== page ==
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Related tags: Sugar beet, Sugar, Ars

Scientists in the US have developed two new breeding lines for
smooth root sugar beet that could pave the way for more efficient
processing method for manufacturers.

Scientists in the US have developed two new breeding lines for smooth root sugar beet that could pave the way for more efficient processing method for manufacturers.

The latest in a series of seven 'SR' - otherwise known as smooth-root - lines developed by researchers at the sugar beet and bean research unit of the Agricultural Research Service​ (ARS), the two lines have the highest sugar content of the smooth-root lines, 17 per cent, close to the 17.5 to 18 per cent found in commercial varieties.

Tinkering with shapes and forms of raw materials has the capacity for far reaching savings for manufacturers. In this case, smooth roots could axe the amount of soil by half that makes it into the processing line, thereby cutting costs on cleaning and disposal.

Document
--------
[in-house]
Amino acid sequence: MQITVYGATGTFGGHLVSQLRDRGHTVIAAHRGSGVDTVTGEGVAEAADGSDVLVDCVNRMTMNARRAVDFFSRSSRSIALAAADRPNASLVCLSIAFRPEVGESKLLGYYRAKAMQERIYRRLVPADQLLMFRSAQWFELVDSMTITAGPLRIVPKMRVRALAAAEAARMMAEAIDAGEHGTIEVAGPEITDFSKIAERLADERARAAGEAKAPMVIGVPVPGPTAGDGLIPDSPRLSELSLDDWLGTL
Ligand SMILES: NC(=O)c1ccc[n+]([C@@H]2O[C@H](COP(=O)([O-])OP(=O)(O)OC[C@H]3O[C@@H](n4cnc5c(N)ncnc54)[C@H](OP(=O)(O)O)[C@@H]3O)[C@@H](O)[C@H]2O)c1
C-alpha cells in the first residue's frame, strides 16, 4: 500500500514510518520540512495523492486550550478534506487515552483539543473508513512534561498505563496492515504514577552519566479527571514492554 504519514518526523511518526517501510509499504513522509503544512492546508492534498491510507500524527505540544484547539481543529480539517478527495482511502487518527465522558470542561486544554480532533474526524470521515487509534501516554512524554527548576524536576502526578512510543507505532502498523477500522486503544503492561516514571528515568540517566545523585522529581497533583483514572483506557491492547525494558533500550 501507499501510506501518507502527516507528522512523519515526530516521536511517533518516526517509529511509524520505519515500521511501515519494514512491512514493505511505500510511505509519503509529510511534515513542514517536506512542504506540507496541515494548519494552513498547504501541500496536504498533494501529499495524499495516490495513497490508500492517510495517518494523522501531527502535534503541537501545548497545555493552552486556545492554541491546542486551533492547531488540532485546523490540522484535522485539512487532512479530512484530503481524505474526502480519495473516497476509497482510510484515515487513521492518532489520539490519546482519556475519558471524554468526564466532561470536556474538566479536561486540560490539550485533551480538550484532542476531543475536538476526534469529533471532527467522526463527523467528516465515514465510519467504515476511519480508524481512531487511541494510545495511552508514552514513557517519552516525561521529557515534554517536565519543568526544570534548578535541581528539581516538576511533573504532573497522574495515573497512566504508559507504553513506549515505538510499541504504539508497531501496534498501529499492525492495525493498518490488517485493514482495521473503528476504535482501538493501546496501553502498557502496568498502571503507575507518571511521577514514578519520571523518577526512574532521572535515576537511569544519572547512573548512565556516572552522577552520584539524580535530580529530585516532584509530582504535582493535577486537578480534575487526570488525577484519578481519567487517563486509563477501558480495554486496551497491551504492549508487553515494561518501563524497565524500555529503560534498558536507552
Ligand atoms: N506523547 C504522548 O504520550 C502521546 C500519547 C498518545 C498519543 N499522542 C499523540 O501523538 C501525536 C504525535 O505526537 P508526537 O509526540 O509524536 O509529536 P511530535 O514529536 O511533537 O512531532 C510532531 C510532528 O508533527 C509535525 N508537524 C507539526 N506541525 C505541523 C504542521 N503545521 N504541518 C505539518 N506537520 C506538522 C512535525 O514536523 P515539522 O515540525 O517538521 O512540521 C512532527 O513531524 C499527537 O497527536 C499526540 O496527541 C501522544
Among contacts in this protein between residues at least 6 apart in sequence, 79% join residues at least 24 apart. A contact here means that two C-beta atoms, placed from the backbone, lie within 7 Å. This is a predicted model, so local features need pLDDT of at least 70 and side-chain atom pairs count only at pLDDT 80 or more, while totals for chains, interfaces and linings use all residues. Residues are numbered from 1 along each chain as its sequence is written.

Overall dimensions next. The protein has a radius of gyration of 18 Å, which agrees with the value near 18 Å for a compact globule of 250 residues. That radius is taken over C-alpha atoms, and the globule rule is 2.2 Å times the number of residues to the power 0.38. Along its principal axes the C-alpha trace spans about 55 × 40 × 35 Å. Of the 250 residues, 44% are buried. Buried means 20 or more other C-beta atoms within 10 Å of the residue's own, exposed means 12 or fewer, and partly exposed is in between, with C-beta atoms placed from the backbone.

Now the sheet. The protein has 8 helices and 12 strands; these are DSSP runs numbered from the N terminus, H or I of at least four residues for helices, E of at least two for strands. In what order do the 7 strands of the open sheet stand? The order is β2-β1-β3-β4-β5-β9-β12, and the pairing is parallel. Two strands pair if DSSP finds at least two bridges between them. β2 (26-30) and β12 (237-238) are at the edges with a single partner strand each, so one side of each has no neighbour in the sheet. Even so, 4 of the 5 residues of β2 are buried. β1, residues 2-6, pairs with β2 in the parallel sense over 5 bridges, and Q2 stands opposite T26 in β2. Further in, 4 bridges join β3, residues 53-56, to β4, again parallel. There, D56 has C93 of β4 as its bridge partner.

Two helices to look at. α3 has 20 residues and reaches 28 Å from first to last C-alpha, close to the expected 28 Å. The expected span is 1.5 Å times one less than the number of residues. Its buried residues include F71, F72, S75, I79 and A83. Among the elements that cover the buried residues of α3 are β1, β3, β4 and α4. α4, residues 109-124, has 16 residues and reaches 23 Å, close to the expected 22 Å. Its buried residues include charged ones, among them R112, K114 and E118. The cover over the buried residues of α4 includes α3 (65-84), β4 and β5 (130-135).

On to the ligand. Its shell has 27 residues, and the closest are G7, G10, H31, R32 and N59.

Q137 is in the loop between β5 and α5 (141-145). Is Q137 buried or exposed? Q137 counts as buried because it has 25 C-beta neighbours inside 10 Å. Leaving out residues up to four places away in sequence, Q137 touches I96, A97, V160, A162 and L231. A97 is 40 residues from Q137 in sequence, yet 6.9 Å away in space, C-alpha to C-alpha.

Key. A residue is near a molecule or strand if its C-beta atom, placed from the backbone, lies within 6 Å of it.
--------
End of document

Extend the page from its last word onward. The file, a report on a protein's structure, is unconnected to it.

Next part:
Smooth roots are important to the sugar industry because sugar beet roots lined with deep grooves tend to have more soil sticking to them when they are pulled from the ground.

The latest lines - SR-96 and SR-97 - were developed by ARS geneticist J. Mitchell McGrath and the late Joseph W. Saunders, along with ARS plant physiologist John M. Halloin and geneticist J. Clair Theurer, both now retired.

According to the ARS report, the American Crystal Sugar, a farmer-owned co-operative, gave the ARS researchers a high-sucrose line of sugar beets to help bring the sucrose level of smooth-root sugar beets closer to commercial levels.

Related topics: Processing & Packaging, Ingredients

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